Tokyo 's Bus
You need to check in advance which route you should take to go to your destination, since the routes of bus services are complicated. There are two types of buses in Tokyo
1. "Front-boarding" buses
- Operate in 23 wards of Tokyo and use a fixed fare regardless of your destination.
- You will board from front entrance, put the fare into fare box beside the driver's seat and take a seat. If you have no coins and need to pay with a bill and get change, you make change at the money-changing machine attached to the fare box and then put the correct fare into the fare box.
- As the bus reaches near the bus stop to get off, passengers must press the button attached to the wall to tell the driver to stop at the next bus stop. Waiting for the bus to stop, passengers get off from the rear door. Exit when you reach your destination.
- Operate outside of the 23 wards, these buses will have you take a ticket when you board toward the rear of the bus.
- When getting off the bus, you pay the fare indicated for your ticket on the electric signboard at the front of the bus. You'll put the boarding ticket into the fare box along with the fare. It is best to make change while the bus is stopped.
There are two kinds of one-day tickets offered by Tokyo Metropolitan Government:
- a ticket (500 ¥/adult and 250 ¥/children) which allows passengers to get on and off metropolitan buses as many times as they like all day long.
- a ticket (700 ¥/adult and 350 ¥/children) which allows passengers to get on and off metropolitan busses, trains and subways as many times as they like all day long.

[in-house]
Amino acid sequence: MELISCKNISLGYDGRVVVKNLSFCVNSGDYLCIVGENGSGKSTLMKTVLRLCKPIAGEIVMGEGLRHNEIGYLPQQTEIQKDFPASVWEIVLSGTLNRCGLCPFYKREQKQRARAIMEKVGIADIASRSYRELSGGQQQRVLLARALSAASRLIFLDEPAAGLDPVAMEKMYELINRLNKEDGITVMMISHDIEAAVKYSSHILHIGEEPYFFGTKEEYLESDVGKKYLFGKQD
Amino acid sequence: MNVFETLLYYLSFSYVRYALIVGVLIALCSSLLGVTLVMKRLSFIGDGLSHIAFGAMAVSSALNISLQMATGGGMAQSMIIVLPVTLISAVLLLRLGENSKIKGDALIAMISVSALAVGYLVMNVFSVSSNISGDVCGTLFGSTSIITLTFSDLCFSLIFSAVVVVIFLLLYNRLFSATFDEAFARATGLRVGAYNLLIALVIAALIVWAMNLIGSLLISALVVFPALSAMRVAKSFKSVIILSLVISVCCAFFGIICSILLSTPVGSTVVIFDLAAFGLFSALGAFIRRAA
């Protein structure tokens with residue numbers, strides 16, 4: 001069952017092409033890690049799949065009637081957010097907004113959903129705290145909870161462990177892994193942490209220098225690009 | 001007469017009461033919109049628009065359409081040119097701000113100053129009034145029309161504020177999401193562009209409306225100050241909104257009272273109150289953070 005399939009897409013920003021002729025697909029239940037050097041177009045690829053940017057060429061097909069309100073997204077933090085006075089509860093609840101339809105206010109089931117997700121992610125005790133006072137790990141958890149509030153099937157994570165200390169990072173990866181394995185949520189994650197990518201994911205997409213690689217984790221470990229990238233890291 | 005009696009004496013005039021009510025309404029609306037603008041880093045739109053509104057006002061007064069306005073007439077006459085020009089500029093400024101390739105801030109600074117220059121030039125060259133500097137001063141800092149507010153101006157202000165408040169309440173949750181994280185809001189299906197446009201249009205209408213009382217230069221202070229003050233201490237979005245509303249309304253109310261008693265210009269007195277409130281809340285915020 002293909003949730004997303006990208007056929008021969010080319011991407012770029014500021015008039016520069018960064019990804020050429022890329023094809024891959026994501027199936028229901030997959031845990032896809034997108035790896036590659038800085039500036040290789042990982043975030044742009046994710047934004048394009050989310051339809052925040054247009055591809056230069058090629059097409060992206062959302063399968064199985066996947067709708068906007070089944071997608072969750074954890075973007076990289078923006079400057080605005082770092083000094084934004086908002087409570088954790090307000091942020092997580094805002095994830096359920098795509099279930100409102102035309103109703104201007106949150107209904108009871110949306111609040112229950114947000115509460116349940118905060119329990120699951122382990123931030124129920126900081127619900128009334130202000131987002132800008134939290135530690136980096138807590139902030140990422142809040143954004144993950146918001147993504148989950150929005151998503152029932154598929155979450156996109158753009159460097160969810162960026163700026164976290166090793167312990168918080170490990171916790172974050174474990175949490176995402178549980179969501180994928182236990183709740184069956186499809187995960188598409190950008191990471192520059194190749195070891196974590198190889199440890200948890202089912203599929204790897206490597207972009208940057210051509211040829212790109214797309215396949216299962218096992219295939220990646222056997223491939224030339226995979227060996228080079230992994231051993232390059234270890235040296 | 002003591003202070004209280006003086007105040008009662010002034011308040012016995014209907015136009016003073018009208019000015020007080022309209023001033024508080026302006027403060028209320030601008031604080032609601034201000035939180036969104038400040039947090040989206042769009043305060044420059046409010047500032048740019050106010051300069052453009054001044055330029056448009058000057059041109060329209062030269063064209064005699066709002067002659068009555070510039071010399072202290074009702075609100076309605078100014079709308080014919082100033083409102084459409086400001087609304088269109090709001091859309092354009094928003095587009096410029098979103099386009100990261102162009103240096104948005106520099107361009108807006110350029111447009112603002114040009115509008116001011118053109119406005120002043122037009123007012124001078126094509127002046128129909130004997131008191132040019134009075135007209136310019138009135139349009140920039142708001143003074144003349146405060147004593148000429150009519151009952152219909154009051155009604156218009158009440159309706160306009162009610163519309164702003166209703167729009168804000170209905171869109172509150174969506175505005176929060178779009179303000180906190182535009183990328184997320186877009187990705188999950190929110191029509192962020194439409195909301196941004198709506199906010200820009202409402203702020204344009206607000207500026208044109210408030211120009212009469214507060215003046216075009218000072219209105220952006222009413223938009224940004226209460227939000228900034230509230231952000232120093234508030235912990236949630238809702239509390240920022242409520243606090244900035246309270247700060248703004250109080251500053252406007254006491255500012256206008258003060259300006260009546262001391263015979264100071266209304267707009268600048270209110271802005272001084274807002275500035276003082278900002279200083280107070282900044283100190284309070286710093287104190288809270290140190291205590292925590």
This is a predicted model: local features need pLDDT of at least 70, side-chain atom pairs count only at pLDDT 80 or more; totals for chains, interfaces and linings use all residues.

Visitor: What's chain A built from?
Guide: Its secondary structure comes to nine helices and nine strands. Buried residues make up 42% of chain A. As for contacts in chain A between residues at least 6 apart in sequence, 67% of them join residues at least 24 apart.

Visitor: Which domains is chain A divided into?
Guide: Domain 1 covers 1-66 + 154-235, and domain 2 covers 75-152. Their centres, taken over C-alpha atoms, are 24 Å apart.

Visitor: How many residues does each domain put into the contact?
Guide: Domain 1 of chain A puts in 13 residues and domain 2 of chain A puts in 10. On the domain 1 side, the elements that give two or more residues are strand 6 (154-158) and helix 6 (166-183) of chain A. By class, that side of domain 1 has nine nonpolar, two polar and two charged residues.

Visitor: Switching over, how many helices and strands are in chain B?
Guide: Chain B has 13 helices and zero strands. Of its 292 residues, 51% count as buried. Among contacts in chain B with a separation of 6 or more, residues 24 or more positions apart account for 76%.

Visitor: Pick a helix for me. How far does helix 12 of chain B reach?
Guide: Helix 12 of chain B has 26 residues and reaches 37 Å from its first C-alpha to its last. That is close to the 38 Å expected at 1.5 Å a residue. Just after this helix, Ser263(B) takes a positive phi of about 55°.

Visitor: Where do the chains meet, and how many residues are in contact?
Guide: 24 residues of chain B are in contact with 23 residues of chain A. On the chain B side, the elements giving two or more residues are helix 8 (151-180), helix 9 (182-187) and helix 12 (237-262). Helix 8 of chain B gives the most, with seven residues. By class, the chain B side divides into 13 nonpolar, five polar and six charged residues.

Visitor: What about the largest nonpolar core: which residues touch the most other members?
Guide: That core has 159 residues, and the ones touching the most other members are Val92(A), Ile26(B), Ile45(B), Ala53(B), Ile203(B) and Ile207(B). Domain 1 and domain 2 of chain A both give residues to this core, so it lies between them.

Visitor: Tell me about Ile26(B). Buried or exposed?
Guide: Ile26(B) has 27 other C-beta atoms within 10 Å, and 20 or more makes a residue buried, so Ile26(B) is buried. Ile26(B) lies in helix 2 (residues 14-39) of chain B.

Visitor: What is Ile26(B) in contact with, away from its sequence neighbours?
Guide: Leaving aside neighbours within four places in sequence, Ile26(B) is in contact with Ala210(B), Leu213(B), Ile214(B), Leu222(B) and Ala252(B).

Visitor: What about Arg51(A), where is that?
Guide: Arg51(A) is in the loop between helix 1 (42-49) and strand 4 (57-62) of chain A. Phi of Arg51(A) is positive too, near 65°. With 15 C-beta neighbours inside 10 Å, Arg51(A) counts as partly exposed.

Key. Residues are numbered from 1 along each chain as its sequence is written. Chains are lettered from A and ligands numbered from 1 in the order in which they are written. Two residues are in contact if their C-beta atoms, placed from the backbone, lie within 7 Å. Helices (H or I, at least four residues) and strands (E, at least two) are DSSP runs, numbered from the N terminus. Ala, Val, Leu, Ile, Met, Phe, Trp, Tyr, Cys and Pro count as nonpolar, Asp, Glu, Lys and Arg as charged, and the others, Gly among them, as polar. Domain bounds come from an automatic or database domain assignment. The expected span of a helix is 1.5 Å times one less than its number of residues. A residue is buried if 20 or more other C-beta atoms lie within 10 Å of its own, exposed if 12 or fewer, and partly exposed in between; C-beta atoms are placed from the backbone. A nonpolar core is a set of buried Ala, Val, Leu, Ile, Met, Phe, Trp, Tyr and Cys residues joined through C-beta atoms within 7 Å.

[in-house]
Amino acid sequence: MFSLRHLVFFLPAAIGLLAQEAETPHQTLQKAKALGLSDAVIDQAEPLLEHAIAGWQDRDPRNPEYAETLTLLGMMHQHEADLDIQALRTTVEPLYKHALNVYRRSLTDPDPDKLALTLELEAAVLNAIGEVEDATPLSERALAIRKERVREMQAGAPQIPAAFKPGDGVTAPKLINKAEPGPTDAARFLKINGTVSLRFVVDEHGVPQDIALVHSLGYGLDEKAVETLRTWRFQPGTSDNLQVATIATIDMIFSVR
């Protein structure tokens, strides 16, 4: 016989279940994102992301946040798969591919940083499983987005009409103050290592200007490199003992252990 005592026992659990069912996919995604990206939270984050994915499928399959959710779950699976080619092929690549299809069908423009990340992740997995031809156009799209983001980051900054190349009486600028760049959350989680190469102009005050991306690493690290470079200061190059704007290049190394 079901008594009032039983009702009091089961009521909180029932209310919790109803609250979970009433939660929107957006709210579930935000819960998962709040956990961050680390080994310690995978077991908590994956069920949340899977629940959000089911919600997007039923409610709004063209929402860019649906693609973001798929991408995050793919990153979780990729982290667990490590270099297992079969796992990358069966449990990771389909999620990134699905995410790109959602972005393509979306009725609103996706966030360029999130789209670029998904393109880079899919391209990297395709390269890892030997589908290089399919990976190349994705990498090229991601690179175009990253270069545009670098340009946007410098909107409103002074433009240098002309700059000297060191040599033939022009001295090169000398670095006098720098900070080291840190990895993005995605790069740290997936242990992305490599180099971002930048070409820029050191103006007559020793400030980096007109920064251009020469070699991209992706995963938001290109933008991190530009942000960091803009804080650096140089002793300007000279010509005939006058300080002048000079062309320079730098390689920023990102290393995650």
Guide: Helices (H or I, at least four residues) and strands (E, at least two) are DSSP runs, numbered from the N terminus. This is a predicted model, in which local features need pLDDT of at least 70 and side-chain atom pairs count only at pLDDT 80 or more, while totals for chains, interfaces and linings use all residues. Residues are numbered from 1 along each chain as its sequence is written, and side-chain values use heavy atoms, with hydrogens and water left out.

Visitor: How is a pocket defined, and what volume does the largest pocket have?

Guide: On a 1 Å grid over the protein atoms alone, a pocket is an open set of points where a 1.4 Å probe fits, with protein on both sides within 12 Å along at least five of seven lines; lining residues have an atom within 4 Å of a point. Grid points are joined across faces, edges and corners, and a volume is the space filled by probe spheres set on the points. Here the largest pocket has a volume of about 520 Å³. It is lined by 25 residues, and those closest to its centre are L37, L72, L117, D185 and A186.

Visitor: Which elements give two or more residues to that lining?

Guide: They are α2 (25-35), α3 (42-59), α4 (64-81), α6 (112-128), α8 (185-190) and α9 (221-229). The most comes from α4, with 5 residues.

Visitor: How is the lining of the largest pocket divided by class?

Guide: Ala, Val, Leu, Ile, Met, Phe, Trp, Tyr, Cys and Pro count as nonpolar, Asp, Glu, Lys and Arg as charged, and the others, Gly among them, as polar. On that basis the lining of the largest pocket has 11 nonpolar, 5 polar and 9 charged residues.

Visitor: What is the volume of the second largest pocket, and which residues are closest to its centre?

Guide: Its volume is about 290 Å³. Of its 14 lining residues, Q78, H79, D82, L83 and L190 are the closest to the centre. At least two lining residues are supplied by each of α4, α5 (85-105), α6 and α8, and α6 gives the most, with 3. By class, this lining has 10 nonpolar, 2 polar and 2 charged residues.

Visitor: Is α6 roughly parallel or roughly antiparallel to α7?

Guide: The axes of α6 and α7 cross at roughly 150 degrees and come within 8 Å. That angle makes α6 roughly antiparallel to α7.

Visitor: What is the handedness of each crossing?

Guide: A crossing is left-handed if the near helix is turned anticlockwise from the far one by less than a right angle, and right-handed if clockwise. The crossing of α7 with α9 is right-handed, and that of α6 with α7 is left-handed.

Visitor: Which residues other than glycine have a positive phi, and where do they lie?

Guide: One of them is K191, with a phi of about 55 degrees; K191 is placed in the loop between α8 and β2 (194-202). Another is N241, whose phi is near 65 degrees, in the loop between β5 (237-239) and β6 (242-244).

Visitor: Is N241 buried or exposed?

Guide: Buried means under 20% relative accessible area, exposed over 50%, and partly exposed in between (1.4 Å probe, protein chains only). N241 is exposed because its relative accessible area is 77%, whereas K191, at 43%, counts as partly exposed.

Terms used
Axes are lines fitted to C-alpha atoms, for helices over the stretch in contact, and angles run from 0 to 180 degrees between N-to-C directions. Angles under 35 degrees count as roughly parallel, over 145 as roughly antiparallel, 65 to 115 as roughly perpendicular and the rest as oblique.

For further inquiries, contact the metropolitan bus sales offices located at various places in Tokyo, or any of the stations of the Arakawa Line or Toei subways. One-day tickets for immediate use are also sold on metropolitan buses and trains.
Tokyo Yellow Cab Co., Ltd.
Tokyo has one of the most extensive mass transit systems in the world. It is clean, safe and efficient - and confusing. The confusion arises from the fact that several distinct railway systems operate within Tokyo - the JR East network, the two subway networks, and various private lines - and different route maps show different systems. Avoid rush hours if possible; trains get overcrowded very easily
The defining rail line in Tokyo is the JRYamanote Line (山手線), which runs in a loop around central Tokyo; being inside the Yamanote loop is synonymous with being in the core of Tokyo. Almost all inter-regional JR lines and private lines start at a station on the Yamanote. JR's lines are color-coded, and the Yamanote is green. The JR Chuo (中央線, orange) and Sobu (総武線, yellow) lines run side-by-side, bisecting the Yamanote loop from Shinjuku on the west to Tokyo on the east. JR's other commuter lines, the Saikyo and Keihin-Tohoku, run off the rim of the Yamanote loop to the north and south. JR East has a good English information line, 050-2016-1603 or 03-3423-0111.
- Distance unit
- Metric (km/h)
- Traffic system
- Left-hand drive
Drive on the left side of the road. Japanese traffic rules and signs (also in English) follow international standards.
Follow the speed limit shown on road signs or markings. At places where there are not any road signs or markings, drive at 60km/h. On highways and expressways, drive at 100km/h unless specified otherwise.
Do not drive after drinking alcohol. Driving under the influence of alcohol is strictly prohibited and will result in a fine, imprisonment or penalty. When a driver is arrested for DUI, the driver and the person offering the car will be fined a maximum of 1,000,000 Yen, and all other passengers in the vehicle knowingly allowed the driver to drive will be fined a maximum of 500,000 Yen.
Do not talk on the phone while driving.
It is obligatory for all passengers to wear a seatbelt.
Do not park illegally or your car may be towed away.
Always carry your driver’s license!